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Writing. It’s like any  other specialty or craft out there – there’ll always be those people who insist that there is a right and wrong way to do it. And in some cases, I believe that to be true. There are some things to avoid (mainly because the publishing world isn’t keen on them) and there are definitely some things that could be classed as wrong – like poor spelling, punctuation and grammar and let’s not mention plot-holes and timeline inconsistencies etc.

But when I’m talking about this subject, I’m focussing mainly on the elements, and theart, of storytelling – and all other sorts of writing for that matter. But mainly novel-writing in this particular post.

I believe that because writing is a creative thing there is no clear-cut way to go about doing it. There should be no such thing as the right structure or right way to display a character, or no direct formula to solve the whole showing vs telling problem. For it to be considered good – to me – it should be a unique plot, with some interesting characters and well written. Those are the only needs for me. The rest can be whatever, as long as it works well.

Too many people these days are focussed on worrying whether or not they’re writing properly or if there work would ever sell, as opposed to just worrying about sitting down and writing. That’s all it is when it comes down to it: sitting down and spilling the contents of your heart out onto the pages. Bleeding within the words. That is true writing. It’s saying what you want to say, but can’t. Being who you want to be, but wouldn’t ever dare. It isn’t a case of reading a book and then being able to write perfectly and sadly, today, there are too many people who are way too narrow-minded on the subject. And let me tell you: writing and narrow-mindedness don’t exactly go hand in hand…

You can’t just read a book titled ‘How to Write a Novel’ and then all of a sudden transform into Hemingway… It’s much more than that and so much more goes into it than that. For me, it’s simply about sitting down and writing, day after day, week after week, month after month; year after fucking year. Only then will you truly begin to master your craft and develop your own individual voice and uniqueness. Not by reading a book. But by doing – over and over and over again. It’s like saying reading a book about PEDS (performance enhancing drugs) would turn you into Ronnie Coleman.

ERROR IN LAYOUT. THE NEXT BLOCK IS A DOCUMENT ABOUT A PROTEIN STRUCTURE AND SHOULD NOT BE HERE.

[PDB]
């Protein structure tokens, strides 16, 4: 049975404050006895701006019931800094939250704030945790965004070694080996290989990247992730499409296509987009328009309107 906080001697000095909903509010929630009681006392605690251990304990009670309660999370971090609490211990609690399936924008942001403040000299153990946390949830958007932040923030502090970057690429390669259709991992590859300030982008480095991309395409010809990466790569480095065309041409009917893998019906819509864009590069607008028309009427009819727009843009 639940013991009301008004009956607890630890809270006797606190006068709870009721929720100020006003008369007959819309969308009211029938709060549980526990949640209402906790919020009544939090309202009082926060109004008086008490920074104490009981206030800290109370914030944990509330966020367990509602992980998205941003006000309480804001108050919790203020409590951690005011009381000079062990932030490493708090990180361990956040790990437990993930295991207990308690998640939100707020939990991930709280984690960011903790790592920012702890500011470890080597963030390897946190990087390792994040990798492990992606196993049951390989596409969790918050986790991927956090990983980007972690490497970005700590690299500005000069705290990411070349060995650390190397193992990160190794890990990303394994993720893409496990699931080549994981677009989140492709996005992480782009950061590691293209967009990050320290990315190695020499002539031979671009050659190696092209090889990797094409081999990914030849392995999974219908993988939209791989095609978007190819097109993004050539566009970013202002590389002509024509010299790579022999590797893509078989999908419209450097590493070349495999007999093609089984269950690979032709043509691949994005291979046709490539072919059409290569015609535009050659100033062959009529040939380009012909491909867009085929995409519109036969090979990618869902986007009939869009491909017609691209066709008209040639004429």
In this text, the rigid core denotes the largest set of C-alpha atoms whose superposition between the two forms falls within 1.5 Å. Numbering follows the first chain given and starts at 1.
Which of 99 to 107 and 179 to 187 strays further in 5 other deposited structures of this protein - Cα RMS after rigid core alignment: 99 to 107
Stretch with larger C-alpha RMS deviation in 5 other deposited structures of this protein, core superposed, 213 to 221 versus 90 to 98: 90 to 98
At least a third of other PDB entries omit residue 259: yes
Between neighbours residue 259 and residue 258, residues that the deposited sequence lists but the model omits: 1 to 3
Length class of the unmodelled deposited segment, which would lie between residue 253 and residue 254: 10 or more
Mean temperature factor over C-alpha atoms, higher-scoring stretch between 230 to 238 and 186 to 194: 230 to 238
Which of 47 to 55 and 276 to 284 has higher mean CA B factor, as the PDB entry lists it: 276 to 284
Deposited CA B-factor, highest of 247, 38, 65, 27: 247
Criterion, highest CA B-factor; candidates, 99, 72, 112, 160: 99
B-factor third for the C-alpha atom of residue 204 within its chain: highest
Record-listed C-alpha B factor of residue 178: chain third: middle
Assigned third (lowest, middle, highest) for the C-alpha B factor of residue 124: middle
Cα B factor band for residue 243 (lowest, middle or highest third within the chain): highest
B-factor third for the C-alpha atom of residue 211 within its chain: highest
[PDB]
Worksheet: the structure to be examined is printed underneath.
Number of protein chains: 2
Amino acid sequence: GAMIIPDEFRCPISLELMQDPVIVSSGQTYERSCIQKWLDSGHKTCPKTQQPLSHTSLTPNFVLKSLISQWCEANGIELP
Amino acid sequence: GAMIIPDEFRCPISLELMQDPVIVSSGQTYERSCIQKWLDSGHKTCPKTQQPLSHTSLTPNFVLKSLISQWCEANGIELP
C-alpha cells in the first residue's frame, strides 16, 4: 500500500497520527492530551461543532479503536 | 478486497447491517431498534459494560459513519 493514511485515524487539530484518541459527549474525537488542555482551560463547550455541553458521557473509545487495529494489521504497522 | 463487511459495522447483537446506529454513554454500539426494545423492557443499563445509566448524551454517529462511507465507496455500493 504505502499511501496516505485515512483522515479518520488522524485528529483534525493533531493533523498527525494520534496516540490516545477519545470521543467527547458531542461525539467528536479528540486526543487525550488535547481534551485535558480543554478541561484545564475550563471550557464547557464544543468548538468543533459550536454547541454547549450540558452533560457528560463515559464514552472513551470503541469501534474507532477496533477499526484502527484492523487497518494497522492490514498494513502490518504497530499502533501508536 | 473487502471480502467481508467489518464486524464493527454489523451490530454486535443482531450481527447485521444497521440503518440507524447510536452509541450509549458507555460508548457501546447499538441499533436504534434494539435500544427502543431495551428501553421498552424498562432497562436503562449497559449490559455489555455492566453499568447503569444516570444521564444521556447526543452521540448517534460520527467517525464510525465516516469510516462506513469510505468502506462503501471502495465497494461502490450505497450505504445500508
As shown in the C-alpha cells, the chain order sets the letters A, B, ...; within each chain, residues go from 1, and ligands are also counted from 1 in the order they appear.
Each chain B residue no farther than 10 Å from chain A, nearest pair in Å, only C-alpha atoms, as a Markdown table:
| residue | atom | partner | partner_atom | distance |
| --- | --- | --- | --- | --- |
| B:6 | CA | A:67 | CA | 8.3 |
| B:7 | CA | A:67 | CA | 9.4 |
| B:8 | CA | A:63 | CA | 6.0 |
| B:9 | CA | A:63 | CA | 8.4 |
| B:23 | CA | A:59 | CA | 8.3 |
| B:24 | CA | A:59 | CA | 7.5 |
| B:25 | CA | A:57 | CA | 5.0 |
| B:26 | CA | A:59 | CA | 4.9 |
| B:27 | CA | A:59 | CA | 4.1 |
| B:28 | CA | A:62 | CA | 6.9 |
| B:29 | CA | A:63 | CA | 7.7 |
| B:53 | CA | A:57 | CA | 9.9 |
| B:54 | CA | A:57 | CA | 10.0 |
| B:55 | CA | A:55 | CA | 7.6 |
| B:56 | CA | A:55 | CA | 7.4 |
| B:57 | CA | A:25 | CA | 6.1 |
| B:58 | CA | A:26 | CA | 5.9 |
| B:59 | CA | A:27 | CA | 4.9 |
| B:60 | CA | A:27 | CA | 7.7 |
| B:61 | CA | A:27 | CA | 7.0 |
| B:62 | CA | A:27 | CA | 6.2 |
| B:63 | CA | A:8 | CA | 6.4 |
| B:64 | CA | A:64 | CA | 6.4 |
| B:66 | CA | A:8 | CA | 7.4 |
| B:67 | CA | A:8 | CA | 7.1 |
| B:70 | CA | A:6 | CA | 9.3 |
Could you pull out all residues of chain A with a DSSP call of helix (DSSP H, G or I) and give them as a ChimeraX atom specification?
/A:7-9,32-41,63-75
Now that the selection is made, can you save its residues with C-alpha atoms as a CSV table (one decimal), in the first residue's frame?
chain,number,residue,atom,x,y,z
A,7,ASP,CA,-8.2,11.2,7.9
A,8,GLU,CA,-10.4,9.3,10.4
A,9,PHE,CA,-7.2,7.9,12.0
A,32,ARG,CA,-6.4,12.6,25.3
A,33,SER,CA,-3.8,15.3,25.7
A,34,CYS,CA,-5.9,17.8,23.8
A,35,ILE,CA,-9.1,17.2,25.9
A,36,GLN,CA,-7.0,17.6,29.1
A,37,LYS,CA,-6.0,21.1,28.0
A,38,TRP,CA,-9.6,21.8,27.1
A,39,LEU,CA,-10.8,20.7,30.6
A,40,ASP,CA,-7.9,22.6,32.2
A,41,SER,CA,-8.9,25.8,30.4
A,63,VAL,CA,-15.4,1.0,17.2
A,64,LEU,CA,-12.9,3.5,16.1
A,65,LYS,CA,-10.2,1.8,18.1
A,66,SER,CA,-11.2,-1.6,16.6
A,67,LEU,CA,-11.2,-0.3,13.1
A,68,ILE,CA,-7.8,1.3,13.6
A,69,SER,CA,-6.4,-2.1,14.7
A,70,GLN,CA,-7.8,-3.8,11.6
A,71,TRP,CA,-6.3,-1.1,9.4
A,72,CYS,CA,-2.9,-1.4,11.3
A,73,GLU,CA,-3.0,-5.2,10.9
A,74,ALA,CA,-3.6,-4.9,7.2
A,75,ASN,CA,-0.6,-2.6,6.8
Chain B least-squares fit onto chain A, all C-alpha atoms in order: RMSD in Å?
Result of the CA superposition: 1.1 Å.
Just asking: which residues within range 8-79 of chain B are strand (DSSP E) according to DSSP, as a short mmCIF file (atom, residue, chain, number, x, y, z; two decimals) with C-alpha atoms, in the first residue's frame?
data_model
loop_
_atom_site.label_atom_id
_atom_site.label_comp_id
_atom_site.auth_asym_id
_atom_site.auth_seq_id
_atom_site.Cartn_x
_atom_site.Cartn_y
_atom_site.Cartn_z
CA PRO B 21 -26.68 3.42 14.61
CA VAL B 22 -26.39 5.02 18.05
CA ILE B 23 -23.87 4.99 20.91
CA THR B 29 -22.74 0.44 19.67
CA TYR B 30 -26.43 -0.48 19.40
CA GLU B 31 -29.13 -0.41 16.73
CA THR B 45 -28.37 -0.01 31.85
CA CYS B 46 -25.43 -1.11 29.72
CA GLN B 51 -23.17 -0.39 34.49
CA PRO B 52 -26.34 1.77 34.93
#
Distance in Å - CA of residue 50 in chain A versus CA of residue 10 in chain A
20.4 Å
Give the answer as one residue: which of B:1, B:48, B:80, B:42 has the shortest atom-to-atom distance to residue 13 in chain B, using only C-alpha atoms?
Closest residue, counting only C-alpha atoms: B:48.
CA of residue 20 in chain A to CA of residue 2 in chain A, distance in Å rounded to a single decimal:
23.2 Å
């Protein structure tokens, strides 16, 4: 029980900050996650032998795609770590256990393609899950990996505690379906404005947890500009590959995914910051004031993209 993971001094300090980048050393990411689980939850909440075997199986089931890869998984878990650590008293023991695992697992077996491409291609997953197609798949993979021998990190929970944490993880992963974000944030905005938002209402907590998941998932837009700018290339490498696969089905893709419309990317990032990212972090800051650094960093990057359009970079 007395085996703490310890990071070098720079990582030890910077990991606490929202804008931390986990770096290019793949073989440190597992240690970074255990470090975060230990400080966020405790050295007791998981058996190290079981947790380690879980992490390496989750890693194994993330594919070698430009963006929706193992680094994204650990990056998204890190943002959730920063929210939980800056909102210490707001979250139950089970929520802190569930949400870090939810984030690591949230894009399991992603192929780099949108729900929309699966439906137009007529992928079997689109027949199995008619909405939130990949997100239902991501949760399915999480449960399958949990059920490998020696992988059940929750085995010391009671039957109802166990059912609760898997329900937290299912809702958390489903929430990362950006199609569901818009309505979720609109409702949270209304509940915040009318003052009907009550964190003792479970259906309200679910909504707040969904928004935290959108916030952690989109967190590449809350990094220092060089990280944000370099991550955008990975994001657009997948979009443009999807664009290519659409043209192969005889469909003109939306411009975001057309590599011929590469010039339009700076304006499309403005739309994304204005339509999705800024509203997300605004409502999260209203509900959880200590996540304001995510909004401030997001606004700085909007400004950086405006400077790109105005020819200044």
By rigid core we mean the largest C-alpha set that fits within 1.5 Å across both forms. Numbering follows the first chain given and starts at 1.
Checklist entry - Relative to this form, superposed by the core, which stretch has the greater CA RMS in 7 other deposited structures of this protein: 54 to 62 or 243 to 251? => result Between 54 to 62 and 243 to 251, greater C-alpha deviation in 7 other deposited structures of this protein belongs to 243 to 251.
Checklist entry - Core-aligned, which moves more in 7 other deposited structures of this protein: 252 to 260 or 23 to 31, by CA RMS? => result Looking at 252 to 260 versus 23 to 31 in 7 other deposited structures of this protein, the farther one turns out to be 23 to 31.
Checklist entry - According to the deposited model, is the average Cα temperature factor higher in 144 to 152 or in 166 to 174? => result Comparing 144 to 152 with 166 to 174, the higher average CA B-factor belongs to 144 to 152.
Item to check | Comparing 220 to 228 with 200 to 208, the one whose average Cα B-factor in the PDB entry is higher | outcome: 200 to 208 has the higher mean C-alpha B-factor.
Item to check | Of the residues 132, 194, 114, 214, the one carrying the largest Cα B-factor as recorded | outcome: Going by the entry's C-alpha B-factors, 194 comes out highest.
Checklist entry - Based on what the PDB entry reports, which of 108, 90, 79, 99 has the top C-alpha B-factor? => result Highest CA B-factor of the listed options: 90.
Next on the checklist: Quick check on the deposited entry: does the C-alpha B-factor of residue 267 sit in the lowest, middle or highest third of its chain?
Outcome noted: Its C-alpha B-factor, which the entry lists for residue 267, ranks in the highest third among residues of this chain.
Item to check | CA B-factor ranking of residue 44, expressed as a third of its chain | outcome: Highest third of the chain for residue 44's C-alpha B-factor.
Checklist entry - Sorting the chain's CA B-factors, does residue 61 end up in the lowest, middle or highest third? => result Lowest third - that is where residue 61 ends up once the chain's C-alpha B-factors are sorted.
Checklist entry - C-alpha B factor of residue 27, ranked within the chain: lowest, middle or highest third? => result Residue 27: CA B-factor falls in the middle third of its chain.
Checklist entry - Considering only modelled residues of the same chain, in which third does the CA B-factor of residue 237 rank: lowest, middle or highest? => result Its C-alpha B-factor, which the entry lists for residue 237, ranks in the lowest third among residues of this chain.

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(That’s Ronnie Coleman for those of you who aren’t familiar with bodybuilding.)

A thought that I’ve literally just had whilst writing this piece, is that: where did this so-called ‘right way’ stem from?

If you think about it, it stemmed from a generation of people who all picked up on the brilliance of one individual writer and decided that his way was the right way. This person wrote a book, people liked it and it sold well and then people dubbed it ‘the right way’ and from then it has been so ever since. Well what if someone back then wrote something which was the polar opposite? Something which contained vast amounts of  head-hopping, more telling than showing and a hugely over-complicated plot. What if this was picked up and sold well and was then dubbed as the ‘right way’? What then? Would what is considered the ‘right way’ now be classed as completely wrong and vice versa? Think about it. It makes sense in a somewhat nonsensical way.

But my main message remains the same: never let the fear of being different stop you from doing things your own way. Because writing a book the ‘right way’ may be picked up and sell well. But writing a book YOUR way, will leave your name etched in history.

So bear that in mind the next time you become fearful of being different. Because being scared to be different certainly WON’T bring you any:

Happy writing!